All the rest, EdTech

A Culture of Innovation

A few weeks ago, I read a blog post from Jim Groom that really resonated and inspired me (as Jim’s posts often do). This particular post started off talking about 3D printing, but then morphed into a post about the numerous innovative projects that have popped out of the creative brains at DTLT over the years. And then the killer bit for me was the last paragraph:

Fact is, if you start chronicling the work we’ve been doing just through the 7 Things series, you start to see a pattern of serial innovation and exploration that not only has success in the research and development stages, but often takes root and becomes part and parcel of  the larger academic culture on campus—which for me is the real trick. But Innovation doesn’t just magically appear, it is born of a culture of freedom, a space that encourages open experimentation, failure (which we have a lot of too), and a shared sense of purpose—a common value system that we are all working towards to make the future of education as accessible and equitably distributed as possible, while at the same time maintaining the humane and interpersonal dimension of learning that makes the whole enterprise meaningful—serial innovation is a mission not a happy accident.

Serial innovation is a mission not a happy accident.

This video from the Division of Teaching and Learning Technology at U Mary Washington takes that paragraph to the next level.

A Culture of Innovation from umwnewmedia on Vimeo.

I WANT THIS so bad for my unit. I want us to dig out of the daily grind to be able to get to the point where we are doing serial innovation. Focusing on the things that are important. Convincing others to come along for the ride. Inspire the people I work with to become as passionate about learning and technology as Jim and his people are.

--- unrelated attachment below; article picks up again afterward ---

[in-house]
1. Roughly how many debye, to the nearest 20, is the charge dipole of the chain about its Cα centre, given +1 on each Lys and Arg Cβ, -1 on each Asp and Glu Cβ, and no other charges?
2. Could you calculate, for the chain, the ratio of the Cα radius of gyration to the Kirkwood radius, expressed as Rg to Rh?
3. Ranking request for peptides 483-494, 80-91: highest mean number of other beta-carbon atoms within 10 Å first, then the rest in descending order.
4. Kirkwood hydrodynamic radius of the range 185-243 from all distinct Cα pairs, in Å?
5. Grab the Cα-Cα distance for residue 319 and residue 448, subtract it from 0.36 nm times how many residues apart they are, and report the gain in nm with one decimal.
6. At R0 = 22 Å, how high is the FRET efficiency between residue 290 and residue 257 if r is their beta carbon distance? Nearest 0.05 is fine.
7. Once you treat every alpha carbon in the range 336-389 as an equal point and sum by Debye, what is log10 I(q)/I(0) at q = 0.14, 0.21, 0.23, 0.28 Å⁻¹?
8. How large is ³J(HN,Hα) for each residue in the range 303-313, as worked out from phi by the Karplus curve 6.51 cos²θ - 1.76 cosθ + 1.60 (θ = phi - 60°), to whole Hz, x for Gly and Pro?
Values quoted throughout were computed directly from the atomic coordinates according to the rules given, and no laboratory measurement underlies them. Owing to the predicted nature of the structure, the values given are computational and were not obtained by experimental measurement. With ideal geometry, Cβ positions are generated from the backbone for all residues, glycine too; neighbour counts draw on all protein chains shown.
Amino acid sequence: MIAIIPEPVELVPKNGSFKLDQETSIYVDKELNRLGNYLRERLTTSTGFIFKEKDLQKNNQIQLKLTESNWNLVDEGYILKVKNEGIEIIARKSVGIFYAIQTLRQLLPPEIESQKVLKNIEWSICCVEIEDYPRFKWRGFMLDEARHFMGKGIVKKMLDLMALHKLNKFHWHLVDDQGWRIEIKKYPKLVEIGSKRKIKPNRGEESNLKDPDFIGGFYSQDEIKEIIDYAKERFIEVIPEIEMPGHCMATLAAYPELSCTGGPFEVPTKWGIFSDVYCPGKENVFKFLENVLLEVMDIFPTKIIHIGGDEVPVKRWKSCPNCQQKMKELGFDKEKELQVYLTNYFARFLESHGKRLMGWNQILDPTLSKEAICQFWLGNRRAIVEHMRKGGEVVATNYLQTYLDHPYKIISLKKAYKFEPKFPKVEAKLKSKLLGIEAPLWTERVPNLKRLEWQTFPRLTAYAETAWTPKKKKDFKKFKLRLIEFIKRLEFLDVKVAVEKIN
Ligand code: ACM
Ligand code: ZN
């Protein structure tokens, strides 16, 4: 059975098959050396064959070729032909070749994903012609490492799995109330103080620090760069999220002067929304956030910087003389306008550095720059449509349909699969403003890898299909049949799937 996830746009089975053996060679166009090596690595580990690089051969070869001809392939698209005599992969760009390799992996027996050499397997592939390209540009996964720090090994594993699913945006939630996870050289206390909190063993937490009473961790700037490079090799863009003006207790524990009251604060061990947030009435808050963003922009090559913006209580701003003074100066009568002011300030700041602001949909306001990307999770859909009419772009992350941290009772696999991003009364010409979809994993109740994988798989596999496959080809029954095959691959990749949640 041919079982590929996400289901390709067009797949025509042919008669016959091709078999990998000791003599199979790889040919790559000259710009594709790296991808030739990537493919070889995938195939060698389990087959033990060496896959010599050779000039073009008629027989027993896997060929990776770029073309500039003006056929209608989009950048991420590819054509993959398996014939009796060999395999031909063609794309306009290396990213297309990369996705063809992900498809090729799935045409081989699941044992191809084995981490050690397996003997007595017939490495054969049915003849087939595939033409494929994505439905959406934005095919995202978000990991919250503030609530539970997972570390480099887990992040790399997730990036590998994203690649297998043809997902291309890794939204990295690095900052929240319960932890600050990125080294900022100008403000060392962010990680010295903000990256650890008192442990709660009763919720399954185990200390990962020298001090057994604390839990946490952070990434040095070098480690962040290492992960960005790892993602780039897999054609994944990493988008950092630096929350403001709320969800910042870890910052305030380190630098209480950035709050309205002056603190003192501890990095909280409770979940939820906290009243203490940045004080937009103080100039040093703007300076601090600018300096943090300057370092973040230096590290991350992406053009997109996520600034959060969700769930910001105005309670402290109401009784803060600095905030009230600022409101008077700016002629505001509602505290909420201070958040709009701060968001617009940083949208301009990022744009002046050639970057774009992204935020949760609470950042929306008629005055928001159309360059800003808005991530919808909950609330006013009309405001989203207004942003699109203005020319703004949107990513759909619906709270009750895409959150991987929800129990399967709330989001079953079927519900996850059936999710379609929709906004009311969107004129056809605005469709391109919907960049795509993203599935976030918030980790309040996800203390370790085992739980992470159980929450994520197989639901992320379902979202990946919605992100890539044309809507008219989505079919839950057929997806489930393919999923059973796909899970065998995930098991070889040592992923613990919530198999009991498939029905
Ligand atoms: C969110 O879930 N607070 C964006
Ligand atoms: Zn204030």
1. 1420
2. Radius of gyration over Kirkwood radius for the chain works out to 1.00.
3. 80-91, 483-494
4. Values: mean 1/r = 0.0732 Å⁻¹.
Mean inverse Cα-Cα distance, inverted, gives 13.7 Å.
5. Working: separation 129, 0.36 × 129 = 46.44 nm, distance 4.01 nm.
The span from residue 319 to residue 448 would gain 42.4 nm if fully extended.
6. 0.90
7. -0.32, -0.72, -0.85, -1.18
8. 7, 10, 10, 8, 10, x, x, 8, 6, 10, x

As someone who works in a similar unit with a similar mandate at a higher ed institution, I find the DTLT approach inspirational, and love how there is such buy-in at the institution for the common vision. As I said in my comment to Jim’s post, the tension between innovation and sustainability is one I constantly battle with. And while innovation is a word that looks good on a mission and values statements, if it isn’t backed up with the things Jim and his colleagues talk about – culture, failure, play, willingness to take risks – it remains locked away as words on statements.

A culture of innovation. This is my goal.

CC BY 4.0 A Culture of Innovation by Clint Lalonde is licensed under a Creative Commons Attribution 4.0 International License.

Profile Picture for Clint Lalonde
Wrangler of learning technologies by day, Dad, cyclist, soccer fan and, lately, home roaster of coffee by night. INFJ. I am the Manager of Educational Technologies at BCcampus, working primarily on open education projects. This blog is a personal blog and do not necessarily reflect the opinions of BCcampus.

Comments

  1. When I originally commented I clicked the
    “Notify me when new comments are added” checkbox and now each time a
    comment is added I get three e-mails with the same comment.
    Is there any way you can remove me from that service?